The Cost of Taking Care of Someone Else
Millions of Americans have taken on the task of caring for another adult. Now, we’re not talking about domestic engineers who physically and practically care for their spouses, or about breadwinners who financially care for their families. The CDC reports that roughly 34 million unpaid caregivers take care of someone 18 or older who’s disabled or ill, and more than 20 percent of households are impacted by these caregiving responsibilities.
Oftentimes, the care recipient is a parent. Life comes around full circle — and while the parent took care of the child for many years, now the child takes care of his or her parent. The CDC describes the typical caregiver as a 46-year-old women with some college experience who provides more than 20 hours of care each week to her mother. Of course, this typical description does not describe every type of caregiver, as adults of all ages, genders, and education levels may fall into the caregiver category.
Caring.com, an information and support destination for care providers, recently surveyed caregivers, asking the question: “Approximately how much money have you and other family members spent caring for this person over the last 12 months?” The survey asked that the respondents “please include out-of-pocket costs for medications, medical bills, in-home care, nursing home, and other caregiving expenses.”
Are you caring for someone else? If so, how much of an out-of pocket cost do you incur each year? Let’s see how you stack up against the survey respondents.
A key finding of the Caring.com study is nearly one-half (46 percent) of caregivers report annual out-of-pocket costs in excess of $5,000. A large portion of caregivers — 30 percent — spend at least $10,000 per year, and a handful of respondents — 7 percent — spend an astonishing $50,000 or more annually on these costs.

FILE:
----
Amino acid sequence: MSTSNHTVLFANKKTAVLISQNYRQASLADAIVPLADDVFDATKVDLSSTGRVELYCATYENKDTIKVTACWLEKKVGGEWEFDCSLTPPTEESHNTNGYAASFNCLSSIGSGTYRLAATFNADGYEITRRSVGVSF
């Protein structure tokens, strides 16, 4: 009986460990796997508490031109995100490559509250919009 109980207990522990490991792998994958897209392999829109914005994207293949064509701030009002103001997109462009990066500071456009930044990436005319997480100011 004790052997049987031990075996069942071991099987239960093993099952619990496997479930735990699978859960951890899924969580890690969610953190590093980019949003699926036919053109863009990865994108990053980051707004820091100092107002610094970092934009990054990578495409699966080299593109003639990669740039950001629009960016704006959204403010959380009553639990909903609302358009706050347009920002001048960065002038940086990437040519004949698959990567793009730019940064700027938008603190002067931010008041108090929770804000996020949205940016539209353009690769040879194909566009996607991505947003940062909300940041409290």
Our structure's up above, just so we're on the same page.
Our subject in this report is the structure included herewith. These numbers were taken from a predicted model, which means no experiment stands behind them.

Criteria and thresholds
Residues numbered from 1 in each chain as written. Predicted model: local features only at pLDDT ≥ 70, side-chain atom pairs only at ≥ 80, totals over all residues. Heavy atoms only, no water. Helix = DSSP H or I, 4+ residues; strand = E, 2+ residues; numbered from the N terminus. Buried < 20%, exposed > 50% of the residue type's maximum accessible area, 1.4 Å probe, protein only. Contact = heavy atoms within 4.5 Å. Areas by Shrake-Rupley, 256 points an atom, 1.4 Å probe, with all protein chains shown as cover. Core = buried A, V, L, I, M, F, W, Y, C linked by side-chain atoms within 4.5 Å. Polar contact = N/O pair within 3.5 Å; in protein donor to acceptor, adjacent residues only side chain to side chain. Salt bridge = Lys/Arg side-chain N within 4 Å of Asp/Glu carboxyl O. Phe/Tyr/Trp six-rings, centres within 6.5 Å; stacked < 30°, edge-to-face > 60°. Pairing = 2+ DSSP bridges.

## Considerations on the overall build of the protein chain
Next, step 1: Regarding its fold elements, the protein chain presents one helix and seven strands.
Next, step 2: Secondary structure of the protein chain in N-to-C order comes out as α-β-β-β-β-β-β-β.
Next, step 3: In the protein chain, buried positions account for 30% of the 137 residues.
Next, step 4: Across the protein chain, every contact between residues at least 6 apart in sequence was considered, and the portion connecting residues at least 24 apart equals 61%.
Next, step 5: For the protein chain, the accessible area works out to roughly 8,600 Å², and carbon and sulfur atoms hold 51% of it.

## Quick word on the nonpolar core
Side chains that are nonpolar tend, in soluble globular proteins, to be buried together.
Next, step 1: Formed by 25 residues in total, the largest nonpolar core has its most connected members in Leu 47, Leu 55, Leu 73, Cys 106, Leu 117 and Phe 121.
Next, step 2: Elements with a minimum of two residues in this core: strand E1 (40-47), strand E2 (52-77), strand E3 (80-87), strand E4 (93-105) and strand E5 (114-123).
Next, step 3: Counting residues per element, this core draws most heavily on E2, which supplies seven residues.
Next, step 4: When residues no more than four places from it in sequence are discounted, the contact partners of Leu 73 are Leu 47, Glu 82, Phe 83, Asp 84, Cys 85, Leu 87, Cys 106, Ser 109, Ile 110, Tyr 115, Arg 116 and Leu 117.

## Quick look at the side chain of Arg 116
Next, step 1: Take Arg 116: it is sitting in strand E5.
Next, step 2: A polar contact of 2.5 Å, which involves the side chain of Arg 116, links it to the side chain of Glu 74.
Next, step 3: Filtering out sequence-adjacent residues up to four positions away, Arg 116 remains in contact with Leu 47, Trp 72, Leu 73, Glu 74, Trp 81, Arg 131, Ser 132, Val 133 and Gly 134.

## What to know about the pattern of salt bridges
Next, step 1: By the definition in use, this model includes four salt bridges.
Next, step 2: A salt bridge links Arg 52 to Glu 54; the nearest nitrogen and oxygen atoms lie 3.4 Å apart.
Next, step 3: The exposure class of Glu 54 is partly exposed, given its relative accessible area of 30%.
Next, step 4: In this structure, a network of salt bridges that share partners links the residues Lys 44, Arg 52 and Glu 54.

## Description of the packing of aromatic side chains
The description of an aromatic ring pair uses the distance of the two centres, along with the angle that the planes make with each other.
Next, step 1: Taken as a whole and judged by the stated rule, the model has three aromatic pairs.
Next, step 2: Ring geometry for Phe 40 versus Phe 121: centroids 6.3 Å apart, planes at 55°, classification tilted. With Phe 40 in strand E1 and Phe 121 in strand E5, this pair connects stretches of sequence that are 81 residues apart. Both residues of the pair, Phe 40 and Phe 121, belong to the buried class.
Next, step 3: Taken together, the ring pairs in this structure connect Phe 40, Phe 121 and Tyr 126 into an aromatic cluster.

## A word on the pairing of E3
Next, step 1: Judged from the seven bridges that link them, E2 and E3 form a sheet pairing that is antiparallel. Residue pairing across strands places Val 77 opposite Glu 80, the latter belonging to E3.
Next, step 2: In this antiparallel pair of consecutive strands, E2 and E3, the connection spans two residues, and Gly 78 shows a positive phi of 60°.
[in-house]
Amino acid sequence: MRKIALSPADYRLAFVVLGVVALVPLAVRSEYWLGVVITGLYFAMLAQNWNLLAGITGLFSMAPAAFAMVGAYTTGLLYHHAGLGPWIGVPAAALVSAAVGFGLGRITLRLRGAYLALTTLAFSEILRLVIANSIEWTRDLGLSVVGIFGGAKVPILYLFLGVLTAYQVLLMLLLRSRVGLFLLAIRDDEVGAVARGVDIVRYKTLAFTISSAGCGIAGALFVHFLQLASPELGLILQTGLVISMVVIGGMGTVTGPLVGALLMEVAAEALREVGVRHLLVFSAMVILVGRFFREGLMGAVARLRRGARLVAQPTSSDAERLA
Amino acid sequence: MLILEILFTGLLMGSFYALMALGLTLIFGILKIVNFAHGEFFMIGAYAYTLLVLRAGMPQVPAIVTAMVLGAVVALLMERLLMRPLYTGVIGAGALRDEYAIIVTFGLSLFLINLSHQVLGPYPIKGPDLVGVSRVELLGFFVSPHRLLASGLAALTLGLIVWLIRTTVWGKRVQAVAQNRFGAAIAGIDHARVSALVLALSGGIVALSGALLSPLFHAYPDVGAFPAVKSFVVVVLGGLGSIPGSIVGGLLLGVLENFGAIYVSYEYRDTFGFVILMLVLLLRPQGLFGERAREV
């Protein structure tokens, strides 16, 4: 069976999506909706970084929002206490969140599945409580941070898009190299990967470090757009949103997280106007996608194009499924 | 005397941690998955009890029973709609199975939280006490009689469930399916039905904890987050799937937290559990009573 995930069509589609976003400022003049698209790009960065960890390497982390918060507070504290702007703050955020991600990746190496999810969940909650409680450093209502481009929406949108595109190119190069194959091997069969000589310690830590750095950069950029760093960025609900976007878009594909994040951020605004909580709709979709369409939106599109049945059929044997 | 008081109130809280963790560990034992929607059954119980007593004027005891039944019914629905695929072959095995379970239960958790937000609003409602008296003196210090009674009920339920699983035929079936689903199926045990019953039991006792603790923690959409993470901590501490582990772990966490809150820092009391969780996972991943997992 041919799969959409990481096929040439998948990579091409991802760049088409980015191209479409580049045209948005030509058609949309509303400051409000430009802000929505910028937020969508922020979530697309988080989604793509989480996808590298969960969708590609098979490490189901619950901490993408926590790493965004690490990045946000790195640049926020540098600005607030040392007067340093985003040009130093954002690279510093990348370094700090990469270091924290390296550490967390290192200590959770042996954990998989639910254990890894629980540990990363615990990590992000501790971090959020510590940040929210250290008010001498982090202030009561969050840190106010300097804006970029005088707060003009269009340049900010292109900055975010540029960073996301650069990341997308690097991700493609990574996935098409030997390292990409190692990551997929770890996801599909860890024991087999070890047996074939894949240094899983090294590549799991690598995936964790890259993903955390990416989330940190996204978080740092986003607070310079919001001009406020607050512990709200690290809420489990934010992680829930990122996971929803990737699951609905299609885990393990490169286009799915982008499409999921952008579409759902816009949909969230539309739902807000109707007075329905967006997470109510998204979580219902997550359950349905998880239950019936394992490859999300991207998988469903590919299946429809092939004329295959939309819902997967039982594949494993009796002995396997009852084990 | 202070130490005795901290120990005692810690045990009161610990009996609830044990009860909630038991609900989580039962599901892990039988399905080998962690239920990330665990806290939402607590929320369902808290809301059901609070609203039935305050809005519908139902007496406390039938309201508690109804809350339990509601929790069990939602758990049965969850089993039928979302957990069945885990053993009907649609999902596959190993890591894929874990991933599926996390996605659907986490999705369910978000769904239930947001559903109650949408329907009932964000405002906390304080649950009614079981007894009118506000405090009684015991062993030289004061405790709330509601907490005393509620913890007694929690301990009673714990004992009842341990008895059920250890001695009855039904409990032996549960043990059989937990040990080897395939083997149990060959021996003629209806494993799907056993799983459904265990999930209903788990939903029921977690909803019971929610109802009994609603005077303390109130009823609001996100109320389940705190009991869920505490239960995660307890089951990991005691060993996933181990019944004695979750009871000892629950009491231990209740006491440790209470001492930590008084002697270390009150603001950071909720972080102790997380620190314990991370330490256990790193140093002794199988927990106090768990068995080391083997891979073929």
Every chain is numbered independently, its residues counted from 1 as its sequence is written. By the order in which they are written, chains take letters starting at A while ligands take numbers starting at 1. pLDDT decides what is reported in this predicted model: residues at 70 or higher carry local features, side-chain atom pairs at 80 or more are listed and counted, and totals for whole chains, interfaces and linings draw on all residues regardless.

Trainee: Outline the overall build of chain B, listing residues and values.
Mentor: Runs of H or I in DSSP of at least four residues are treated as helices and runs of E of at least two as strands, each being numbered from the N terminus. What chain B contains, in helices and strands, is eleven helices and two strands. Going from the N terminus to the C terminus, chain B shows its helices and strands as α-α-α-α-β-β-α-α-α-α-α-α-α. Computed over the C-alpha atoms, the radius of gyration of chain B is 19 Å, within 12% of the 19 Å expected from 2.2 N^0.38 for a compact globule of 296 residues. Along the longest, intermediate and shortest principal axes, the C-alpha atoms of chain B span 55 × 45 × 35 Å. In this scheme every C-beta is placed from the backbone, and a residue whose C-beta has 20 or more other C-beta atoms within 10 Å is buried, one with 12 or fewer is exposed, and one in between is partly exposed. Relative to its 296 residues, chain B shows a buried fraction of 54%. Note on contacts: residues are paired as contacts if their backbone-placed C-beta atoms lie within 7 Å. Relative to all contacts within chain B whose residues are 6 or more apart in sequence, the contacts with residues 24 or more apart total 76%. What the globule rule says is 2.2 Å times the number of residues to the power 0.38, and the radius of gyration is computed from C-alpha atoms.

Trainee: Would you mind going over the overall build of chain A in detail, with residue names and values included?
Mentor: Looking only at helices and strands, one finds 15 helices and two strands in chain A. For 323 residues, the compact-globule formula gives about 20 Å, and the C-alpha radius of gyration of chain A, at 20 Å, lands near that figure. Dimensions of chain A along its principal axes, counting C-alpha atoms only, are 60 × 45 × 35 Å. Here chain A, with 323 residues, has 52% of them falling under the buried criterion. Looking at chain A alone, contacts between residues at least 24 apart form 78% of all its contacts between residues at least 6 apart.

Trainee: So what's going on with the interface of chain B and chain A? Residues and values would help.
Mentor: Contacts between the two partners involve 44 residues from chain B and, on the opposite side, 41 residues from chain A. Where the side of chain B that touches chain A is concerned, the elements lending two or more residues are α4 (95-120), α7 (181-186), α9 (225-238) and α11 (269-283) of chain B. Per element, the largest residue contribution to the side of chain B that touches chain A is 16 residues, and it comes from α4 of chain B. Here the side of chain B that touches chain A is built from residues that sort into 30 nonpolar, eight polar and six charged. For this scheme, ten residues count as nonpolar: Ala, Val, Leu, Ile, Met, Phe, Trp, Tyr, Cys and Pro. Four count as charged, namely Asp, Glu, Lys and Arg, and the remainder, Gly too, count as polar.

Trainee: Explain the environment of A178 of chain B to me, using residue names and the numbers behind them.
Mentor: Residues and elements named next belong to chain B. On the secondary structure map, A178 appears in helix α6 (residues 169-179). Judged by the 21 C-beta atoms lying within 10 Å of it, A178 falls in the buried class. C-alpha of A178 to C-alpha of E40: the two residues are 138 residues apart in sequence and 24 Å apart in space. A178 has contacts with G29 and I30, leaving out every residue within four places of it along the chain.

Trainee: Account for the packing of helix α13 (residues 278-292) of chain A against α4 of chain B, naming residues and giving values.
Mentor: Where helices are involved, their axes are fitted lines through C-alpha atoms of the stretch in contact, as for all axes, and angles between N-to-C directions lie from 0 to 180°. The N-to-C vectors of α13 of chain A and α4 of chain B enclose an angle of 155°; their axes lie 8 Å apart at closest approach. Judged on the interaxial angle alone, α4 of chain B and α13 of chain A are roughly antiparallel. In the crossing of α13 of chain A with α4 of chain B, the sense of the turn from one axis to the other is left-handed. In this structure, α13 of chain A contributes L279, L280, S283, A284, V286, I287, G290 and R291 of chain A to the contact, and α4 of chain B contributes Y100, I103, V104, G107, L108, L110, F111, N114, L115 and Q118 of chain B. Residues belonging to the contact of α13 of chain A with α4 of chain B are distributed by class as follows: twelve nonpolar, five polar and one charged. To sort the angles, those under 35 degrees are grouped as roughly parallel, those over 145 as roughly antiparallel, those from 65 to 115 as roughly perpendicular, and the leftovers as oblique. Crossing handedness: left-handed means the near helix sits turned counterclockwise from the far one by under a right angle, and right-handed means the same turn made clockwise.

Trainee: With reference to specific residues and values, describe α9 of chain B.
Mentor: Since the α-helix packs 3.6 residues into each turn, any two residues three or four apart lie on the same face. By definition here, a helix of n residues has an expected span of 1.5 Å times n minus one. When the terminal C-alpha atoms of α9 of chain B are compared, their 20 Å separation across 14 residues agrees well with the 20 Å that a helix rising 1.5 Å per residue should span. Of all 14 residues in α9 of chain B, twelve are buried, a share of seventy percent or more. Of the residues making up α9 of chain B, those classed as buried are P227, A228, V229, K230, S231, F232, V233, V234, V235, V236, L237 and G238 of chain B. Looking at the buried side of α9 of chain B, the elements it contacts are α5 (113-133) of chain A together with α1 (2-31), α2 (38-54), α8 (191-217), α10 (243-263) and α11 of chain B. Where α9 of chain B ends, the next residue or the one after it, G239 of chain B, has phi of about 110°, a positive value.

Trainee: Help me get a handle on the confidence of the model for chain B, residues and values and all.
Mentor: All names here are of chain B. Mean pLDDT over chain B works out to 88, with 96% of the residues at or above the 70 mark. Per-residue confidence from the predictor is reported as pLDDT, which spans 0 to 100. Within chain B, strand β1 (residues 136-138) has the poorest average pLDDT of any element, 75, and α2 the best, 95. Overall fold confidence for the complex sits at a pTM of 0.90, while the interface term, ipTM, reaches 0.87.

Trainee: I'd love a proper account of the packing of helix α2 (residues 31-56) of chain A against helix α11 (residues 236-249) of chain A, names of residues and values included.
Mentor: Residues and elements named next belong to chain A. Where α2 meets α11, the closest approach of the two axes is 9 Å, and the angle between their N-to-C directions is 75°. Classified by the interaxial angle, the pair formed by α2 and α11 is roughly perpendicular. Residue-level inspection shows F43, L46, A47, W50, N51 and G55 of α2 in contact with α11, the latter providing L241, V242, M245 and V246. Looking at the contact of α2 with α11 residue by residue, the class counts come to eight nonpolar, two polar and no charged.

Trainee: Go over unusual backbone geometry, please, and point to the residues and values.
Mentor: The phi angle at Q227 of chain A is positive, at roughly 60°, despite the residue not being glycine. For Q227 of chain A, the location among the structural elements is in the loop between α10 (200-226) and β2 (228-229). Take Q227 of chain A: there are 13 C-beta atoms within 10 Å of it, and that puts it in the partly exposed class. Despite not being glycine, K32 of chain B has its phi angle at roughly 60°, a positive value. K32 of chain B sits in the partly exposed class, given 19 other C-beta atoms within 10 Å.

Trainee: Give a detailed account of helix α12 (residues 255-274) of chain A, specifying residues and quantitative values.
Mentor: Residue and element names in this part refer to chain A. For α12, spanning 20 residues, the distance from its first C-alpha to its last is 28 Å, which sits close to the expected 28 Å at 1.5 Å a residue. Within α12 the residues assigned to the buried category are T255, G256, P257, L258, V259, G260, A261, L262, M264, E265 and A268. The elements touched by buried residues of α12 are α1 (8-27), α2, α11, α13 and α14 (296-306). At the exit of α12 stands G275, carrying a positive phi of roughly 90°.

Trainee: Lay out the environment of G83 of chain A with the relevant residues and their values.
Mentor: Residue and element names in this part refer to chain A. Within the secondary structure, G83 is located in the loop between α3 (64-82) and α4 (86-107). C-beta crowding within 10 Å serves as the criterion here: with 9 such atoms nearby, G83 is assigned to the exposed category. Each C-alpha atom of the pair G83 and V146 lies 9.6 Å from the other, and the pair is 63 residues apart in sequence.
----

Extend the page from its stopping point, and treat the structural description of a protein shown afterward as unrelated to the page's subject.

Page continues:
Pharmacy and medication costs are large expenses for caregivers, with around 50 percent of caregivers reporting costs of between $500 and $5,000 annually.
The study also examined other factors like time, work-life balance, living situations, future planning, and even difficult conversations people have in these types of circumstances.
Around one-third of the respondents (33 percent) spend at least 31 hours per week caring for another person, which can take a toll on the caregiver’s work and personal life. Forty-five percent of survey participants report having to leave work early, arrive at work late, or discontinue employment altogether, and 60 percent report some sort of negative effect on their careers. On the other hand, 9 percent of caregivers report that the responsibility has had a positive impact on their jobs.
While close to 60 percent of caregivers live with the person they care for, 20 percent of the survey respondents care for an individual living in an assisted living center, nursing home, or other living community. Living situations, among other things, are sometimes the subjects of sensitive conversations. The study found that the survey respondents talk about other issues with their loved ones as well. Fifty-six percent of caregivers have discussed limiting or discontinuing driving with a loved one, but only 30 percent have discussed how they are going to pay for care.